Every time we flash the Die Fledermaus signal, he unplugs his phone and leaves town for a week
Tim Burton’s Batman Returns is the best Christmas movie for people who don’t want to commit to the whole cheer thing. A lot of people say Die Hard, and I love Die Hard, but it doesn’t have Batman in it. It also doesn’t have Danny DeVito eating fish, so I think I rest my case.
Batman Returns would be mashed into game form on a stupid number of platforms and some of them were actually good! Almost all of them were entirely different games, however. You got a completely different experience depending on what console you played it on. Potentially the best Batman Returns version, however, for the SNES.
Superhero beat-’em-ups were a dime a dozen on the SNES and Genesis. Take a spin on the wheel, you’re either going to get a passible one or a title that’s just plain awful. They’re going to sell based on who’s on the cover, so why put any effort into them.
Some were decent, though. Batman Returns on the SNES comes to us from Konami while they were still in their prime. To give you an idea of the talent on hand, Etsunobu Ebisu — Ebisumaru himself — is credited for planning and programming. It’s interesting to see such names on a licensed game based on an American movie.
It’s also nice to see the score is based on Danny Elfman’s themes. While 1990’s Batman on the NES was pretty convincing in telling us they weren’t needed, I’m steadfast in my belief that Batman’s real theme is the one that Danny Elfman composed. Probably because I grew up with the Animated Series, but I’m too old to change my opinion.
Batman Returns is pretty standard for conveyer belt beat-’em-ups. The controls are rather close to Streets of Rage. You technically have one attack button but can pair it with jumps and grabs. The great thing about the grabs is that they’re absolutely brutal. By default, Batman just slams the enemy into the ground, but if you move towards pieces of the set, you can bash them against windows and railings. You can also grab two enemies and slam them into each other, which is pretty ambitious for an SNES game.
It certainly doesn’t reinvent the wheel. The only wrinkle it really puts in the tapestry is some side-scrolling levels and a driving stage. There’s even a special move that attacks in all directions but damages your health, and screen-clearing bombs. It’s more or less just following the recipe.
The combat is just so powerful and impactful. It reminds me slightly of The Death and Return of Superman, but a little tighter and more reliable. You’re just bashing dudes.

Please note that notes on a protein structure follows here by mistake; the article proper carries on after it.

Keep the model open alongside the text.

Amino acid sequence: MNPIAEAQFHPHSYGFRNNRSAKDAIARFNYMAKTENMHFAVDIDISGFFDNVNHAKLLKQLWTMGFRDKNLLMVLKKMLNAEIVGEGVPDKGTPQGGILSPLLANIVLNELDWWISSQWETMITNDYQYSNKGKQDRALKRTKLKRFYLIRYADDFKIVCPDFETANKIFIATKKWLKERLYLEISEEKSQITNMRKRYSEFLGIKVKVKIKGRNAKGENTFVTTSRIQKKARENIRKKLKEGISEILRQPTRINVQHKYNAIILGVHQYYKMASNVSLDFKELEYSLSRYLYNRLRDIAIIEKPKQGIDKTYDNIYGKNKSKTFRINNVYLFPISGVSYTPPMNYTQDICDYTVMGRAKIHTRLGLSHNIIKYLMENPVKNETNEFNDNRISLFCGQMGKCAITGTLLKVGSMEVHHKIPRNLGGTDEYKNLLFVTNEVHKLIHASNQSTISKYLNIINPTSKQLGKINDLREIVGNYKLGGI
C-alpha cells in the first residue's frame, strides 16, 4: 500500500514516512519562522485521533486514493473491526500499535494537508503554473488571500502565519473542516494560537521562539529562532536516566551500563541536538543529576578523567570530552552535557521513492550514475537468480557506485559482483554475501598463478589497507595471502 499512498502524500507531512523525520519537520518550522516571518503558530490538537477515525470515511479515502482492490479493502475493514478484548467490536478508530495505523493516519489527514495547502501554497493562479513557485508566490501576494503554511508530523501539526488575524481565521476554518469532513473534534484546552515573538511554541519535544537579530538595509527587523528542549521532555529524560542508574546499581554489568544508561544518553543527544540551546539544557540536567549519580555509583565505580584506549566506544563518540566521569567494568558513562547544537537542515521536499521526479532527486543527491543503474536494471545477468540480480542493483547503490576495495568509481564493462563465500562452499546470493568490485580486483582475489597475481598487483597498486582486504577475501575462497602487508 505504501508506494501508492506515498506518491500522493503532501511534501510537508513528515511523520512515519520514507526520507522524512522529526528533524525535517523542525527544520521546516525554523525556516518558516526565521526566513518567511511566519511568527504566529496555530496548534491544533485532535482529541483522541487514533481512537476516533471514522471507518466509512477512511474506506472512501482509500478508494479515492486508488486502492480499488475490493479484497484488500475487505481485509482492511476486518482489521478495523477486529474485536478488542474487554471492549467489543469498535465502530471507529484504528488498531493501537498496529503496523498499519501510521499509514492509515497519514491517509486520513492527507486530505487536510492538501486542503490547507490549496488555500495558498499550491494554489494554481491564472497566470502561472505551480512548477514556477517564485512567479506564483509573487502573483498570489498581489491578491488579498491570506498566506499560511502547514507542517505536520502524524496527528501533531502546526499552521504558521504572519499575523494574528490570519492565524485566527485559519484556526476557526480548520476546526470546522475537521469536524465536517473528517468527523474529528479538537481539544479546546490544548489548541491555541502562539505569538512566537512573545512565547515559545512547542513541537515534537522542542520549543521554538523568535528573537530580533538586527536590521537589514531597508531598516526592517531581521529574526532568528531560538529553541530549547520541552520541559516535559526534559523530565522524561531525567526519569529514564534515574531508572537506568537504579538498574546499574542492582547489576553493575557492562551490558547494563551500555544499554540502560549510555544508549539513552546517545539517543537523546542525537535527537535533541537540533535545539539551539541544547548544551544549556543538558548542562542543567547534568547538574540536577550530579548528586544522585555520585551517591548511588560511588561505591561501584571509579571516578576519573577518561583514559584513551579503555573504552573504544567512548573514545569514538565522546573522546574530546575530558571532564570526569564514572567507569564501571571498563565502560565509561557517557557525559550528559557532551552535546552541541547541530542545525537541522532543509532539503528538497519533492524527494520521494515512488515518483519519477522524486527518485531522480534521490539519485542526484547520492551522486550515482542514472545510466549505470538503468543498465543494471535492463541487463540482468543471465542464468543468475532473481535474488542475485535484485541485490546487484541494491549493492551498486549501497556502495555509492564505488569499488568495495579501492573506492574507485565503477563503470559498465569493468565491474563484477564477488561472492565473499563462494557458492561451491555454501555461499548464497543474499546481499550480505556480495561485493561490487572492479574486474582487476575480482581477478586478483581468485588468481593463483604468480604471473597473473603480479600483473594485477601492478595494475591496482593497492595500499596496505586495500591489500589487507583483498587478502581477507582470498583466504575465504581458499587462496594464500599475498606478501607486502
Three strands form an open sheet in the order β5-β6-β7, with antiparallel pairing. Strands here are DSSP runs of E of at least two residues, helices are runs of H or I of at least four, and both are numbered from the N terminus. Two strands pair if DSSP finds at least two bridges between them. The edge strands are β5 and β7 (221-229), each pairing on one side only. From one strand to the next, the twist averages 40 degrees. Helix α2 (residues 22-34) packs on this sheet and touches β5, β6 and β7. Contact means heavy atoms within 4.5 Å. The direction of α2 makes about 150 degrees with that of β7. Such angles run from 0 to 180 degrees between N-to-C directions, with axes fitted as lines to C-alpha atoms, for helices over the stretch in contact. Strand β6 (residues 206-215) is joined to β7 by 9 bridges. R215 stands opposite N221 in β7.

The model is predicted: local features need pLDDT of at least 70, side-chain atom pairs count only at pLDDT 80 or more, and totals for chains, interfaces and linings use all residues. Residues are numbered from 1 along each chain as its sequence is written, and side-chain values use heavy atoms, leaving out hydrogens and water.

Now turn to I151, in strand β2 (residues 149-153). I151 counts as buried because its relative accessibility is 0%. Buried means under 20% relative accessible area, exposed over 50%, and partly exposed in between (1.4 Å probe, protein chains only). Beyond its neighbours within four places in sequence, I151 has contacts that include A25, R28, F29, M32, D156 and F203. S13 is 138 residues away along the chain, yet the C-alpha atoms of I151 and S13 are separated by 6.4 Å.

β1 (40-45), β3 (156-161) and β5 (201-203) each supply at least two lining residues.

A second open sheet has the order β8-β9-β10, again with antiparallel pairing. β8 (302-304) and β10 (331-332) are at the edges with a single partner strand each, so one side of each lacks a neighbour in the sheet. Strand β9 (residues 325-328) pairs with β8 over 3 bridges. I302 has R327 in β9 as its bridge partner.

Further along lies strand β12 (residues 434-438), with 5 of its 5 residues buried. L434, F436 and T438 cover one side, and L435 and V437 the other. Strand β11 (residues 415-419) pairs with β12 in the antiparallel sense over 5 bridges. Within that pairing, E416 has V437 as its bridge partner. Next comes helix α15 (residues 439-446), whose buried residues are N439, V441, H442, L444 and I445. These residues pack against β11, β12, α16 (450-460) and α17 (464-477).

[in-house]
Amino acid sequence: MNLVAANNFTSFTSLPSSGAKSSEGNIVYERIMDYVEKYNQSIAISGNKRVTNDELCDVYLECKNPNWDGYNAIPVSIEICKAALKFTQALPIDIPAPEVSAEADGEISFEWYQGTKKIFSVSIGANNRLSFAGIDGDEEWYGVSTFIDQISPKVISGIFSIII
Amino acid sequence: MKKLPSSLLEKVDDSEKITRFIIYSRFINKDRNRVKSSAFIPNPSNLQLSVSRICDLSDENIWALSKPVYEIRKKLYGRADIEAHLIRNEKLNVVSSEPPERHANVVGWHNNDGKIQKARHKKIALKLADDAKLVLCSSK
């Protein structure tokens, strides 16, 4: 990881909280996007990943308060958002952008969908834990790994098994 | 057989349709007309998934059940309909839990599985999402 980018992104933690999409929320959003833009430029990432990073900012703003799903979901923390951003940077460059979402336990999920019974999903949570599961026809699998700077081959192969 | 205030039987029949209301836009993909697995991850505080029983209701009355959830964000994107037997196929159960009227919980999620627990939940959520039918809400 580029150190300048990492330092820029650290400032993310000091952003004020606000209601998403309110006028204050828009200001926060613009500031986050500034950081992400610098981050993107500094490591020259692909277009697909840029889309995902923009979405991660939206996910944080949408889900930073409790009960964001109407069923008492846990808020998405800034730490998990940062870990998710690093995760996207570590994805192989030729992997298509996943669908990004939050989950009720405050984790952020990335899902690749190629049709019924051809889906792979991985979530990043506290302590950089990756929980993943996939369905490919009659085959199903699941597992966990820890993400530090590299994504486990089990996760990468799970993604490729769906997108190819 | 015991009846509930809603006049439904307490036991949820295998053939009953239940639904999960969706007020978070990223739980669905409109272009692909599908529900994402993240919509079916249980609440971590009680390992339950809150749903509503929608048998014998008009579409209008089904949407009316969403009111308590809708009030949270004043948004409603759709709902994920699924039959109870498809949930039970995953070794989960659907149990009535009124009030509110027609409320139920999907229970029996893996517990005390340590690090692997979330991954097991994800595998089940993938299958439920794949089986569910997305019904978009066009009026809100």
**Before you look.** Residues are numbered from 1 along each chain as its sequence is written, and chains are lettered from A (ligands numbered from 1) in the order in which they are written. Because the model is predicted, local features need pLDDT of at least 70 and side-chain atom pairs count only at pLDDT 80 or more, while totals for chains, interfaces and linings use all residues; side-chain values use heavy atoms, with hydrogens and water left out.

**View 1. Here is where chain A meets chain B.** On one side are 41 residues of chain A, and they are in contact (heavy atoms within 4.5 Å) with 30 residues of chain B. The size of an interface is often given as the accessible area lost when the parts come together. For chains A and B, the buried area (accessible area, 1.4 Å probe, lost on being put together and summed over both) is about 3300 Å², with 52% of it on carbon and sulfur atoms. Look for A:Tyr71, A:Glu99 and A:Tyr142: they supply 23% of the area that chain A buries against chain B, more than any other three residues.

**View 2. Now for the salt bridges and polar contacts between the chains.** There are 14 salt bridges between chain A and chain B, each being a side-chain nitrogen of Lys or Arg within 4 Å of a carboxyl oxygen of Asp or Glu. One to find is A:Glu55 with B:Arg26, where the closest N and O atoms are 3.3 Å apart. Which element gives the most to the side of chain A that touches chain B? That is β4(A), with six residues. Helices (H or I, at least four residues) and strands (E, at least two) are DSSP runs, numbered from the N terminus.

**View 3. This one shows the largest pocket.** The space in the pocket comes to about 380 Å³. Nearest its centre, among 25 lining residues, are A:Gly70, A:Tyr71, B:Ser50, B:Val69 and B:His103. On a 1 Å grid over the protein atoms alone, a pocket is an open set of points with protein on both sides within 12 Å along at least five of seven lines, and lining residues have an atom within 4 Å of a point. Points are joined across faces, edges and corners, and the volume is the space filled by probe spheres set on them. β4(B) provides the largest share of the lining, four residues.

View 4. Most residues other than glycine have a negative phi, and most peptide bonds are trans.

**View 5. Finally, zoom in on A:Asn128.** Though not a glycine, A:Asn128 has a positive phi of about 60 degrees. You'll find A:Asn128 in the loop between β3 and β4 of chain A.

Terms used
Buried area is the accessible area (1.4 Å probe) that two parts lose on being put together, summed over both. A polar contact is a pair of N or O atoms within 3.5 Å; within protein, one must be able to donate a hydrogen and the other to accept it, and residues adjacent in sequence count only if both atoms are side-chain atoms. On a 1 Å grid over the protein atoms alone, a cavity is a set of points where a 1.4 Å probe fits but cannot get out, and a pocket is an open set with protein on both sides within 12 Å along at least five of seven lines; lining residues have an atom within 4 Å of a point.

Streets of Rage but with Batman is a pretty easy sell for me, but Batman Returns does have its deficiencies, many of which it shares with its contemporaries. Your opponents, for example, are lacking in variety. They’re all clowns. All of them. Different types of clowns, sure, but clowns. That’s pretty true to the movie, but I feel like a street tough or two could be thrown in. Of course, then I remember that my beloved Streets of Rage has you fight palette swaps of thugs for the entirety of the game, and things begin to make more sense.
There’s also no co-op, which is also true to the movie because this is before things were ruined by Robin. Still, I feel co-op is an important feature when it comes to trashing clowns. Maybe Catwoman could have stood in? She was sort of grey. Or better yet, just throw in Alfred. It would be amazing.
The bosses are also cheap, which is true to the ‘90s beat-’em-up. You’ll probably drop the most lives on them, rather than all the children’s entertainers you’re savaging on the street.
Another complaint, there’s no fight against Christopher Walken. Sure, I don’t think Christopher Walken deserves to get beaten up by Batman, I just feel like it’s something I want to experience.
The game’s also rather brief — again, typical of the genre at the time — however, Konami’s love of limited continues gets in the way. It may take a few attempts before you reach the end, but it’s at least doable, unlike the port of Final Fight on the SNES.
That means it doesn’t overstay its welcome, which was a problem encountered by a certain other superhero game of its genre. And really, if they were just planning on showing off the same dingy streets and the same make-up wearing freaks for the entire runtime, best wrap it up early.
Yet, what’s there is incredibly solid. The combat has a good sense of physicality, the aesthetic is true to the movie, and it’s the chance to experience what it’s like to be Michael Keaton. I may be a bit biased because I absolutely love Batman Returns for SNES and Konami’s early work, but… that’s it. That’s my whole point. I might be a bit biased. Do with that what you will.